Women in Tech: Stephanie Kershaw

Shamima Begum | October 27th 2017

Group Picture with Stephanie KershawStephanie Kershaw is the Magento Channel Sales Manager for Middle East, Sweden and Finland. Now, that title might give you the image of quite a formidable businesswoman, but I assure you she’s one of the most hard-working and down-to-earth women I’ve had the pleasure of meeting. She took time out of her busy schedule to come and talk to the women at PushON about her career journey and challenges she’s faced in getting to where she is at Magento.

Having built relationships and an ecosystem of tech partners, she rarely comes across female-headed agencies or women in senior roles.

Stephanie was pleasantly surprised at the number of women however at an agency like PushON, where you’d typically find one women to every ten men (for the record, our ratio is 7 women to 24 men, roughly one to three.

Career

Having not had the greatest experience in school, Stephanie made it her goal to never go back to her small coastal home town of Morecambe. Her real driver in life, and what really gets her out of bed at 4 a.m. is the constant battle to prove everyone wrong. Having built such a successful career, people from school who used to bully her now follow her deemed ‘lavish international’ life from Facebook.

She wanted to move away as soon as possible, so at 18 she moved to Bristol to study BA Hons Law and Politics at University. Whilst at university she worked in sales roles, which really demonstrated her people skills and she was offered a full-time role to manage students.

Soon after, she left university and went on to work for a nursing agency, Newcross, where she managed about 25 people in an out-of-hours call centre.

She soon moved to hosting (which may seem like weird move). Stephanie’s people skills and great suite of sales management experience meant that she had relevant experience and just needed to learn a new industry, and she moved to Southampton after only visiting for 3 interviews to do business development in eCommerce where she started building a channel around Magento in the hosting industry. Working with such big partners, she rarely ever saw any women in senior positions at the companies she’d built relationships with. The typical roles that women would be in were account managers and marketing.

This was Stephanie’s first London office experience and she faced brutal comments about being Northern, for example “The fact that you’re Northern and you’re a woman, I can’t believe you’re actually successful” which is the exact statement from a sales manager from an agency she worked with.

After four years at Peer1 working in business development and channel, Stephanie moved on to Dotmailer. Where she was responsible for the Magento partner practice following the strategic alliance with the platform and was responsible for all of EMEA. She says that the email marketing industry is a very diverse industry – you’d often see more women than men at award ceremonies, she noticed – which is in contrast to a Magento conference or training event, where Steph would usually see one woman for every ten men.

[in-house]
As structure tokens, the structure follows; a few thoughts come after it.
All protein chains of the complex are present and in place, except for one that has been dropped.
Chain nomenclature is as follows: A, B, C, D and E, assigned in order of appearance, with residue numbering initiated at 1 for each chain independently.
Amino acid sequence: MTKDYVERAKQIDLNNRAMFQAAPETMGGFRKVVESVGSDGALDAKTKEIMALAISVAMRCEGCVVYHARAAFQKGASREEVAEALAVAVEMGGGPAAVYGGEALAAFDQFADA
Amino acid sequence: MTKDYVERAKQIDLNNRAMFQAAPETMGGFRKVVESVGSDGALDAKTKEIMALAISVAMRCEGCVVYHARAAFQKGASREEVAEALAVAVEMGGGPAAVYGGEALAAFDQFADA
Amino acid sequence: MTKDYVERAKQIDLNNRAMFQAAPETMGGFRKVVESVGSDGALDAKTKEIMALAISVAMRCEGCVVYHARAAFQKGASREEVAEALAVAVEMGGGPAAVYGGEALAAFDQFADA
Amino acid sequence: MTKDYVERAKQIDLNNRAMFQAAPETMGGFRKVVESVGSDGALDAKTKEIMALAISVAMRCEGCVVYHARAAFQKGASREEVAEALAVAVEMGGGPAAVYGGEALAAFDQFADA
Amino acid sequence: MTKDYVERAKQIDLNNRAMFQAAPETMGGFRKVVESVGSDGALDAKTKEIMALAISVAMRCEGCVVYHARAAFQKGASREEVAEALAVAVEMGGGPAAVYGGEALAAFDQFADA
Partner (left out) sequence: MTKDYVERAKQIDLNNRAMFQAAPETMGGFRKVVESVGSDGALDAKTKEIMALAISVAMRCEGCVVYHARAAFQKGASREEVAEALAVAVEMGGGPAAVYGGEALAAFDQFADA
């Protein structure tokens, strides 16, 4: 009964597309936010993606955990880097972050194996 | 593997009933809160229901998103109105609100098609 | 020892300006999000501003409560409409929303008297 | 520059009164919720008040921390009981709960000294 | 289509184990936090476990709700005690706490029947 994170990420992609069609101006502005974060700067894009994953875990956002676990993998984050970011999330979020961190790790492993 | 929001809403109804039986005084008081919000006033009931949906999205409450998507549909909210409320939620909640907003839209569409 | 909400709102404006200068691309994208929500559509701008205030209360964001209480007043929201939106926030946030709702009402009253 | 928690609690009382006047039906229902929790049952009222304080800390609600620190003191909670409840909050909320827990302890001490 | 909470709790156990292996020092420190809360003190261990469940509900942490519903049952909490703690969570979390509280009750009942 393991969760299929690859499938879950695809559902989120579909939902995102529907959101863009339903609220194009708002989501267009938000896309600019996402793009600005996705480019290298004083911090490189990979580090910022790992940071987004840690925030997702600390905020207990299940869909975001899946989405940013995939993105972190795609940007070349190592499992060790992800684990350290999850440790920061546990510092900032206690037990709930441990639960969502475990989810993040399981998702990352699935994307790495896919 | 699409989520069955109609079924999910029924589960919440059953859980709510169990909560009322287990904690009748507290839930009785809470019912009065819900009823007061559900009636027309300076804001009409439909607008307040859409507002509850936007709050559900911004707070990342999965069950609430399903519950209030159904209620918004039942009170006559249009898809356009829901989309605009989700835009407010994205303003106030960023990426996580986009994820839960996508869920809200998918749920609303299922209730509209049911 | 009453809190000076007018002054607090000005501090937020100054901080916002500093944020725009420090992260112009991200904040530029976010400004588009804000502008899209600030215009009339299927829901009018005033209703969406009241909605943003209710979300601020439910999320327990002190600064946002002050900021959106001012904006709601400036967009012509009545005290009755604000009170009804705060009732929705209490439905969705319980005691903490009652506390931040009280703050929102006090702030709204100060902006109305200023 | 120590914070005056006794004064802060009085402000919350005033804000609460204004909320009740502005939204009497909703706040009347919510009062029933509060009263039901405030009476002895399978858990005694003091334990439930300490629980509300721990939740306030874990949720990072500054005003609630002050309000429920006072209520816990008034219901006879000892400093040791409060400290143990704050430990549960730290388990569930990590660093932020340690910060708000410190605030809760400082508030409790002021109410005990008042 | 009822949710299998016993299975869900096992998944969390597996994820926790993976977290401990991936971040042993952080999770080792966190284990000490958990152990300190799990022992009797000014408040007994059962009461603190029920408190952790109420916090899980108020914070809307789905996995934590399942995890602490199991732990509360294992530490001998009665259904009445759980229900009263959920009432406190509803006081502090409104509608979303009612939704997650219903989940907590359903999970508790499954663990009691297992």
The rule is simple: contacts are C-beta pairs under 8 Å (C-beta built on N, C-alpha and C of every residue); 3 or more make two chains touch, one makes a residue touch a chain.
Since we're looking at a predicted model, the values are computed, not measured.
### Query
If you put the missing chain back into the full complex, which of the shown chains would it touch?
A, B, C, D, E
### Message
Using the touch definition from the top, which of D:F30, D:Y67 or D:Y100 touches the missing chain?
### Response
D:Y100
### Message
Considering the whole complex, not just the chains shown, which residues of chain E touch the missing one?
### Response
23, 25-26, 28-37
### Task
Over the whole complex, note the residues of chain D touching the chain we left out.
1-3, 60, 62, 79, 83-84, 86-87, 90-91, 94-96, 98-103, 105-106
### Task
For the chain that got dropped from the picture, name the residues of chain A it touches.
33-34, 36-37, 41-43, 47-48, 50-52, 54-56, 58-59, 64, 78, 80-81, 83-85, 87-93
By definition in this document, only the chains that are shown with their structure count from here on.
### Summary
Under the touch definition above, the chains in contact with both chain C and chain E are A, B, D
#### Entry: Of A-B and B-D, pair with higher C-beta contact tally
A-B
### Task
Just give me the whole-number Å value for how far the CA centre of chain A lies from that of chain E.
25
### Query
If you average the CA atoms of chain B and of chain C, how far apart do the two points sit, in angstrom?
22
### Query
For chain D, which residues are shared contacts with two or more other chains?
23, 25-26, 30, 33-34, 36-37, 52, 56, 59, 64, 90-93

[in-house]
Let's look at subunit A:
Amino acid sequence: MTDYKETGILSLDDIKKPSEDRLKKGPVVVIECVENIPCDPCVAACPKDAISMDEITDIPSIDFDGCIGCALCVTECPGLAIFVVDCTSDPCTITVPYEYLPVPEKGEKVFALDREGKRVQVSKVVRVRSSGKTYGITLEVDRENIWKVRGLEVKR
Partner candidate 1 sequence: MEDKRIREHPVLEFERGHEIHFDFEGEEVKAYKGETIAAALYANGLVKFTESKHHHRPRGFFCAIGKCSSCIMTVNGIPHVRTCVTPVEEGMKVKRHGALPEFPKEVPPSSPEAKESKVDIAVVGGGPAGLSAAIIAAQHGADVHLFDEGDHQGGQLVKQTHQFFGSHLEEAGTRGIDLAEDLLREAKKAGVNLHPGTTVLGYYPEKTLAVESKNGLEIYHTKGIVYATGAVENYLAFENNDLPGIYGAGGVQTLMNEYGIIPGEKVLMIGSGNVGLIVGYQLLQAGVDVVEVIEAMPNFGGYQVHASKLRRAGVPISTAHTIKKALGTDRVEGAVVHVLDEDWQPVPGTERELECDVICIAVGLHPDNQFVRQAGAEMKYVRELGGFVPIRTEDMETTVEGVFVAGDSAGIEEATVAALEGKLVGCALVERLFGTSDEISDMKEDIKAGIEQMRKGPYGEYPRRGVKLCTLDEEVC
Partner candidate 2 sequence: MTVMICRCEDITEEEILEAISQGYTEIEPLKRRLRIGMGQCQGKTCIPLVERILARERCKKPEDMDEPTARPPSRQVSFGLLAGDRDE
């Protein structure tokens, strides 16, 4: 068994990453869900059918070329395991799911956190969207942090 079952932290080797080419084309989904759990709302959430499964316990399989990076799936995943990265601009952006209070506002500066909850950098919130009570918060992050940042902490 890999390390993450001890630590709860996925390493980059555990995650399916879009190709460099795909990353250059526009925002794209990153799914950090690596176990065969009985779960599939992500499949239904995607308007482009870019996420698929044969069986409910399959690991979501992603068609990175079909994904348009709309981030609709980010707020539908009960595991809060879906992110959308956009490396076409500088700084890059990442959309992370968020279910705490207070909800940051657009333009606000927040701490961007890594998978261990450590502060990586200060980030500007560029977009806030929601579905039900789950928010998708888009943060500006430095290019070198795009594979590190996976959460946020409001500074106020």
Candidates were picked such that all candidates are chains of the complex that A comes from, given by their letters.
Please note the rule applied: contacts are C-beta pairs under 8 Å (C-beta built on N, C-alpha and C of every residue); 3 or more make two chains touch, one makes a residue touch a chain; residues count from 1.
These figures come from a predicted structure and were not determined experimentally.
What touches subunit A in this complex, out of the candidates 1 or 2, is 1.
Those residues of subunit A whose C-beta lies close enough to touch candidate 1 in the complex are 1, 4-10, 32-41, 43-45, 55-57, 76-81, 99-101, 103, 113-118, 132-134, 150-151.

Stephanie is always looking to develop herself and always looking for people to inspire her, but from the beginning her mum’s always been her inspiration. She told us that she’s living a life that her mum would have led had she not been a single parent with children to look after.

Stephanie’s always proving people wrong which is what gets her out of bed at 4am, she’s faced rejection and been pushed back in her previous roles. At the speed she’s been going, success should had come in half the time it did, but it’s taken 6 years for Steph to get to the role she is in today which on the salary she is on at 29, is an achievement in itself when you look back at where it all began.

Final Thoughts

It’s really been eye-opening speaking to Stephanie about her career journey.

Quite often women are too modest and polite when it comes to applying for a job/ asking for a promotion. Sometimes in certain industries, men can often prove less and get more whereas women have to do more to be recognised – which is definitely something Stephanie felt she had to do. Also, certain attitudes between the genders are perceived differently, for example, if a woman was to shout about her talents she’d most likely be perceived as stuck-up.

A really interesting point came up that when women look at a job specification, they’ll look if they can for 9 out of 10 of those jobs and then apply. Whereas a man would look at only 3 and would apply.

Takeaway’s

  • Although Stephanie is a really confident person, she has a mentor which she recommends to everyone.
  • Often different people have different approaches if you want to get something from them. So Stephanie has done insights training such as the Colours of Behaviour programme to get insight into how clients work.
  • Don’t be driven by salary, do what you are truly good at and keep developing from there.